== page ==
PubAg

Main content area

Quantitation of Endogenous Metabolites in Mouse Tumors Using Mass-Spectrometry Imaging

Author:
Swales, John G., Dexter, Alex, Hamm, Gregory, Nilsson, Anna, Strittmatter, Nicole, Michopoulos, Filippos, Hardy, Christopher, Morentin-Gutierrez, Pablo, Mellor, Martine, Andren, Per E., Clench, Malcolm R., Bunch, Josephine, Critchlow, Susan E., Goodwin, Richard J. A.
Source:
Analytical chemistry 2018 v.90 no.10 pp. 6051-6058
ISSN:
1520-6882
Subject:
containers, glutamic acid, image analysis, lactic acid, mass spectrometry, metabolites, mice, models, neoplasms, phenotype, protocols, storage temperature
Abstract:
Described is a quantitative-mass-spectrometry-imaging (qMSI) methodology for the analysis of lactate and glutamate distributions in order to delineate heterogeneity among mouse tumor models used to support drug-discovery efficacy testing. We evaluate and report on preanalysis-stabilization methods aimed at improving the reproducibility and efficiency of quantitative assessments of endogenous molecules in tissues. Stability experiments demonstrate that optimum stabilization protocols consist of frozen-tissue embedding, post-tissue-sectioning desiccation, and storage at −80 °C of tissue sections sealed in vacuum-tight containers. Optimized stabilization protocols are used in combination with qMSI methodology for the absolute quantitation of lactate and glutamate in tumors, incorporating the use of two different stable-isotope-labeled versions of each analyte and spectral-clustering performed on each tissue section using k-means clustering to allow region-specific, pixel-by-pixel quantitation. Region-specific qMSI was used to screen different tumor models and identify a phenotype that has low lactate heterogeneity, which will enable accurate measurements of lactate modulation in future drug-discovery studies. We conclude that using optimized qMSI protocols, it is possible to quantify endogenous metabolites within tumors, and region-specific quantitation can provide valuable insight into tissue heterogeneity and the tumor microenvironment.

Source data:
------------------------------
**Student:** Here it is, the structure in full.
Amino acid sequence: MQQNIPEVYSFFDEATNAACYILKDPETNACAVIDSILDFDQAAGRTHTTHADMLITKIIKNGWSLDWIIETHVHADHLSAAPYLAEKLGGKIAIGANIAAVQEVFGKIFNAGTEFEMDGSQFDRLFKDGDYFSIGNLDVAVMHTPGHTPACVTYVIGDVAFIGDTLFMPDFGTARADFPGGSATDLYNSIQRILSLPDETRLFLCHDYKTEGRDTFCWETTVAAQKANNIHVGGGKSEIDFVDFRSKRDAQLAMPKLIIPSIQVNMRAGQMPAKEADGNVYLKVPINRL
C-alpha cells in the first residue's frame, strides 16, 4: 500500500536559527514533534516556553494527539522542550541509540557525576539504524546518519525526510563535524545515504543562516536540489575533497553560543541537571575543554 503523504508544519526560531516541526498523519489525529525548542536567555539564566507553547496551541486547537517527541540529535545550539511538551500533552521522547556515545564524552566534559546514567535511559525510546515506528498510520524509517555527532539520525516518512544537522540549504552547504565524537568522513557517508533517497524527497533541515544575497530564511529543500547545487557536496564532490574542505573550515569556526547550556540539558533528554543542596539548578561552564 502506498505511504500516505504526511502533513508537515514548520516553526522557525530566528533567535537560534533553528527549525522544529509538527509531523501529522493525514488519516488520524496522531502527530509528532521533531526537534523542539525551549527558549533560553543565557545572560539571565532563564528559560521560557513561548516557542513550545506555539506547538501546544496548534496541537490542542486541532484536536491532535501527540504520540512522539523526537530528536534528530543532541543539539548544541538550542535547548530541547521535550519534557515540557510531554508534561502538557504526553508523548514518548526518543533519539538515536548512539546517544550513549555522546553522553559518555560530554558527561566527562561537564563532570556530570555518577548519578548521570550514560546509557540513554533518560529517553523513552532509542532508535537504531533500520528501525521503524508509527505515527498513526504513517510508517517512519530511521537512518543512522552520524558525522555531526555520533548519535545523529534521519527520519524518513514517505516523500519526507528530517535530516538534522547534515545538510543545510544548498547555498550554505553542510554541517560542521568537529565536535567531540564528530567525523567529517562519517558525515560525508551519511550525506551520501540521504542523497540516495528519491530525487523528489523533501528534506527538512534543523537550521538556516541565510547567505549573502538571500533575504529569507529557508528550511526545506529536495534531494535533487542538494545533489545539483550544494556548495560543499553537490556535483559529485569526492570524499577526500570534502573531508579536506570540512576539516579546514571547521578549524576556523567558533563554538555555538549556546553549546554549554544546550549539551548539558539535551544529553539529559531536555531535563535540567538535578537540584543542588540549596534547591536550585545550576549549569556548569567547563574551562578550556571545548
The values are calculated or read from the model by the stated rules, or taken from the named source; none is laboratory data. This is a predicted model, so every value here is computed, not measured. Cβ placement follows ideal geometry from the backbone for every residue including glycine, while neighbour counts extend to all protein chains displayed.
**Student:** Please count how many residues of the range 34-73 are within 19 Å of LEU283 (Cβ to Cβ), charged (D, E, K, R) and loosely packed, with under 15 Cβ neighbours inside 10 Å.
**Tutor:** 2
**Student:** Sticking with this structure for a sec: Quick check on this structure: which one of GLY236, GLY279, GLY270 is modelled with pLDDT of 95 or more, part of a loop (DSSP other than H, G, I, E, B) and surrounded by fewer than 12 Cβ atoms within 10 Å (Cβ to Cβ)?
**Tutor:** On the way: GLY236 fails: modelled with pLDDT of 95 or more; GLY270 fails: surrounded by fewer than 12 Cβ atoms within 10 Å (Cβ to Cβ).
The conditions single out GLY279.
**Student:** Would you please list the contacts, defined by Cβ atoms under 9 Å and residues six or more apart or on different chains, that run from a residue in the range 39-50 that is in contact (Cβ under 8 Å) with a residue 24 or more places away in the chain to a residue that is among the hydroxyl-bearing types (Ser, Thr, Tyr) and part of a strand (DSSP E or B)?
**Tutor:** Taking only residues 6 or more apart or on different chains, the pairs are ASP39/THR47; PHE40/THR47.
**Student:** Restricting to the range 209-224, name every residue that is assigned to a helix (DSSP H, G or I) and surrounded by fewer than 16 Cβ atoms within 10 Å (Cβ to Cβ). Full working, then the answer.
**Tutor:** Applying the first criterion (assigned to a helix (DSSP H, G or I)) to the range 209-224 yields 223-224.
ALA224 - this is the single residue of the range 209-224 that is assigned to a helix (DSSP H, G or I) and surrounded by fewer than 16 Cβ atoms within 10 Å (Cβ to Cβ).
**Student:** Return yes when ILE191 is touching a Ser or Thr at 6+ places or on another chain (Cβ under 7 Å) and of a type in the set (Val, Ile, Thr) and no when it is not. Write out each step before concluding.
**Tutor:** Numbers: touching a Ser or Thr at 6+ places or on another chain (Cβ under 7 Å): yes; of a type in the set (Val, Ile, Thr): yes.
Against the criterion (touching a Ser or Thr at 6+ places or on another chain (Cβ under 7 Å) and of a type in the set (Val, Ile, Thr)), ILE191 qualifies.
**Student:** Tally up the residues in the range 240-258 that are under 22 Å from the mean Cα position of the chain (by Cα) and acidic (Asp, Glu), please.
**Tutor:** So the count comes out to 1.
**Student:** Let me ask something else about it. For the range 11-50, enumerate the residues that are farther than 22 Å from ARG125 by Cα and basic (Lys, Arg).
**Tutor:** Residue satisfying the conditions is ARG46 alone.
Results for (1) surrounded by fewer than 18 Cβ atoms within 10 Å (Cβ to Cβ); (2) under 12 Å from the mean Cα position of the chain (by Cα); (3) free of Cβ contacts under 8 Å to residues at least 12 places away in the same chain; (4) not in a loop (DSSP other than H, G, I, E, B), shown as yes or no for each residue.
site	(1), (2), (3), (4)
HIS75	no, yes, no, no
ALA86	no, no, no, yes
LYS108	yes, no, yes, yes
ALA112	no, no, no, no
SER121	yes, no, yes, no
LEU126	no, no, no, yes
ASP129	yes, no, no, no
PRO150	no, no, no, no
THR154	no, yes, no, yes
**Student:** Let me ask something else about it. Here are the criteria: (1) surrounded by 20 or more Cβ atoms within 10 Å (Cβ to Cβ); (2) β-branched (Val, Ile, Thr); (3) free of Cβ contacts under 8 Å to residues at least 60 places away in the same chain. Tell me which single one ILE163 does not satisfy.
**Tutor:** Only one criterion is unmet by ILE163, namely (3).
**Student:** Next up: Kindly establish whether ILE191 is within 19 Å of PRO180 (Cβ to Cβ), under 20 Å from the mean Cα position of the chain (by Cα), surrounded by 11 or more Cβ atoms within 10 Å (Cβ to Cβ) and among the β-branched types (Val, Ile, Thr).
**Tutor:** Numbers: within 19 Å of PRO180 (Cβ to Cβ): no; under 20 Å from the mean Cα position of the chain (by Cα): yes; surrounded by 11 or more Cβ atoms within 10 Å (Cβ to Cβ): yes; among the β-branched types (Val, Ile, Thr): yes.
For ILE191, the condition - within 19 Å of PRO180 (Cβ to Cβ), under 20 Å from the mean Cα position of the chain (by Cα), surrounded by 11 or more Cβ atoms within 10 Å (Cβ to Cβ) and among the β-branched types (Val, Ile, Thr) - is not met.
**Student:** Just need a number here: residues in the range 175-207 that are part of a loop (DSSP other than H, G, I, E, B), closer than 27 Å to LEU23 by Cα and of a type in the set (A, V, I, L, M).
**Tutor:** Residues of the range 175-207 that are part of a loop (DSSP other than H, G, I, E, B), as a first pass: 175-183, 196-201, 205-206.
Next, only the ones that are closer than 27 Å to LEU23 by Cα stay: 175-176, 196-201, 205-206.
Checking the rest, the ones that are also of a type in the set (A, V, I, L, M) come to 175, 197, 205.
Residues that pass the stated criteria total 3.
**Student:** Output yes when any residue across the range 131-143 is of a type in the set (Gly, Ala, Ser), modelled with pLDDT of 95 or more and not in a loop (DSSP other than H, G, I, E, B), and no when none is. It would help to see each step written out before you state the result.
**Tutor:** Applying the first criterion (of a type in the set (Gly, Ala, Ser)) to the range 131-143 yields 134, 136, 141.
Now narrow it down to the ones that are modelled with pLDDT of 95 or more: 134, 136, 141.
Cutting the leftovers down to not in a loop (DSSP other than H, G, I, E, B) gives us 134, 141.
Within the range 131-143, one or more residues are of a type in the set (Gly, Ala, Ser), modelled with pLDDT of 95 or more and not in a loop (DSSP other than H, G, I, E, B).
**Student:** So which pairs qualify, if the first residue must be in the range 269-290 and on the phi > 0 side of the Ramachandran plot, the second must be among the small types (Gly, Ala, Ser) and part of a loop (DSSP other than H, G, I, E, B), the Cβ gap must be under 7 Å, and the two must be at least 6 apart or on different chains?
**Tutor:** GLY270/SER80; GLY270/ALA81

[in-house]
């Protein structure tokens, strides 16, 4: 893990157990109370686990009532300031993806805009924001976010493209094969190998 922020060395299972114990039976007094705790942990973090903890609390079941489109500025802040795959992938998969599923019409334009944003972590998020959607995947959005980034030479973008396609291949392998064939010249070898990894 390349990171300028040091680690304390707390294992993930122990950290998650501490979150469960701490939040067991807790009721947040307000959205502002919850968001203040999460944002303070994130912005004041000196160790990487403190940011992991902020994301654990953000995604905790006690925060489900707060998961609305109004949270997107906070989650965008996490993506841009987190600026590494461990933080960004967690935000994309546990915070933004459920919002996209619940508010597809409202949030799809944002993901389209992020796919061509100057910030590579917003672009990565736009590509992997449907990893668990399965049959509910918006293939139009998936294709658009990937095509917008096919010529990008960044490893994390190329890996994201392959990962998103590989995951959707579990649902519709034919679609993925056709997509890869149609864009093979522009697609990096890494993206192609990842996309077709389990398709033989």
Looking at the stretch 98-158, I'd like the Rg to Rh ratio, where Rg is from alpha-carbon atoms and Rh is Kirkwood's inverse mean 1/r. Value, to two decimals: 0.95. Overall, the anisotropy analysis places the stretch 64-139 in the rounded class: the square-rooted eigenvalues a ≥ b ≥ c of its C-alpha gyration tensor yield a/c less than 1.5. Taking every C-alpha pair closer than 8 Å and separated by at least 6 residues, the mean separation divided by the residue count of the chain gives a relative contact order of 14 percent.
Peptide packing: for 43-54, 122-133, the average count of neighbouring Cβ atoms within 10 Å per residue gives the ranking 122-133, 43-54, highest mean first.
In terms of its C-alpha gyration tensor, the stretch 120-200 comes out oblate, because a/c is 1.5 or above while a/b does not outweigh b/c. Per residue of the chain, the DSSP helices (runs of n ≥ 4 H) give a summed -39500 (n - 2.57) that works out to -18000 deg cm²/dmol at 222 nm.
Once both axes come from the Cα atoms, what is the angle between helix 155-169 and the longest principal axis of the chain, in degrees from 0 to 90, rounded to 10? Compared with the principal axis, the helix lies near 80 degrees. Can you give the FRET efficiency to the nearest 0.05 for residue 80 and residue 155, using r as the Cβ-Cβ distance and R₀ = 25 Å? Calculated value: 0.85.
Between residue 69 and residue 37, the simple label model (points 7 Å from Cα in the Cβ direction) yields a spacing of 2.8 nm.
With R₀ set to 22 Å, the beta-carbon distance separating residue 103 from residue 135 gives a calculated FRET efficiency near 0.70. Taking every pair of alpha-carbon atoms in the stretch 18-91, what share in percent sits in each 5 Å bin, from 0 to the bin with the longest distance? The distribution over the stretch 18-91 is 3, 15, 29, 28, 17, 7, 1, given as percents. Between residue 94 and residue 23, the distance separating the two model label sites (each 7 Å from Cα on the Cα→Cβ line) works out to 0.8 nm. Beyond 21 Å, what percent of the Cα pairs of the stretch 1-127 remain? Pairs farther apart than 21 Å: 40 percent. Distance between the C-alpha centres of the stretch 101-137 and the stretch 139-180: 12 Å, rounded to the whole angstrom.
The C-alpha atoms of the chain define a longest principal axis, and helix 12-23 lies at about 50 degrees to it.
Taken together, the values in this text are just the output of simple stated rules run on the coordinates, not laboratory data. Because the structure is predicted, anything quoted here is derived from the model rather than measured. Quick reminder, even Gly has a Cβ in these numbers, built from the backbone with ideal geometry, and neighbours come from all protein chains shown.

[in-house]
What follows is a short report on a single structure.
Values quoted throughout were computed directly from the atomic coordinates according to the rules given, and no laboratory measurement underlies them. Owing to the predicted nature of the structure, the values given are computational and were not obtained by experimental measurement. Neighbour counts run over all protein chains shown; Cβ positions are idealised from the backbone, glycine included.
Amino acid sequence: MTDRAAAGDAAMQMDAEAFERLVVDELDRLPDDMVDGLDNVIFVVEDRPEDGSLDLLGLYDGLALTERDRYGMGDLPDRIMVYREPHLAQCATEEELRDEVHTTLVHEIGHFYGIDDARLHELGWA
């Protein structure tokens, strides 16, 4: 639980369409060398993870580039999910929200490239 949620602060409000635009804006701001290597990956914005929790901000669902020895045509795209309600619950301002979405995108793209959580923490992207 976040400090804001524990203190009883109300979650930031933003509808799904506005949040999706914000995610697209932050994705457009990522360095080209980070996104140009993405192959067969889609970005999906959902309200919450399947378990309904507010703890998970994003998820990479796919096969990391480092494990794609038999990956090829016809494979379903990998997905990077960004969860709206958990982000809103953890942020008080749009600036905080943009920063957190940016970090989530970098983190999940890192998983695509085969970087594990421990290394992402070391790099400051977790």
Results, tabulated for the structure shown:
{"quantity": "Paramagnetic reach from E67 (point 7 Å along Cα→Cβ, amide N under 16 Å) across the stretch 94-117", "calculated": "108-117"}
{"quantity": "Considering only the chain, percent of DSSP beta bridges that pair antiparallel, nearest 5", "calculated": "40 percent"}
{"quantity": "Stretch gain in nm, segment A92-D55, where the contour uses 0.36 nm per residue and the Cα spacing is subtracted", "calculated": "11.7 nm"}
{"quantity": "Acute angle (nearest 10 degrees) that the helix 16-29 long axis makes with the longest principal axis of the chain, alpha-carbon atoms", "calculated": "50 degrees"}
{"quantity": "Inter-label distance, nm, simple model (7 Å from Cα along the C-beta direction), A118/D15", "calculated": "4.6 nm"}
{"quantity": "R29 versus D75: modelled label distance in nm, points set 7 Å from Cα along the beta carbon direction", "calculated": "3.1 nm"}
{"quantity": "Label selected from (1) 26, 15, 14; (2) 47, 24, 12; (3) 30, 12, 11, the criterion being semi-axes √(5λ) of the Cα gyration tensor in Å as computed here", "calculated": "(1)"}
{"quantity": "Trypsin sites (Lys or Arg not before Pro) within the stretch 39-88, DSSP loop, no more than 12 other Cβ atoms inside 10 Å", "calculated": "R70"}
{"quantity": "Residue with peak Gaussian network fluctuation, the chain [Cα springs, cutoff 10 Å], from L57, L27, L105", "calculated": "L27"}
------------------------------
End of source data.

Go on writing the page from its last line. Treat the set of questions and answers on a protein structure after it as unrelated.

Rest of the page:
Agid:
5986256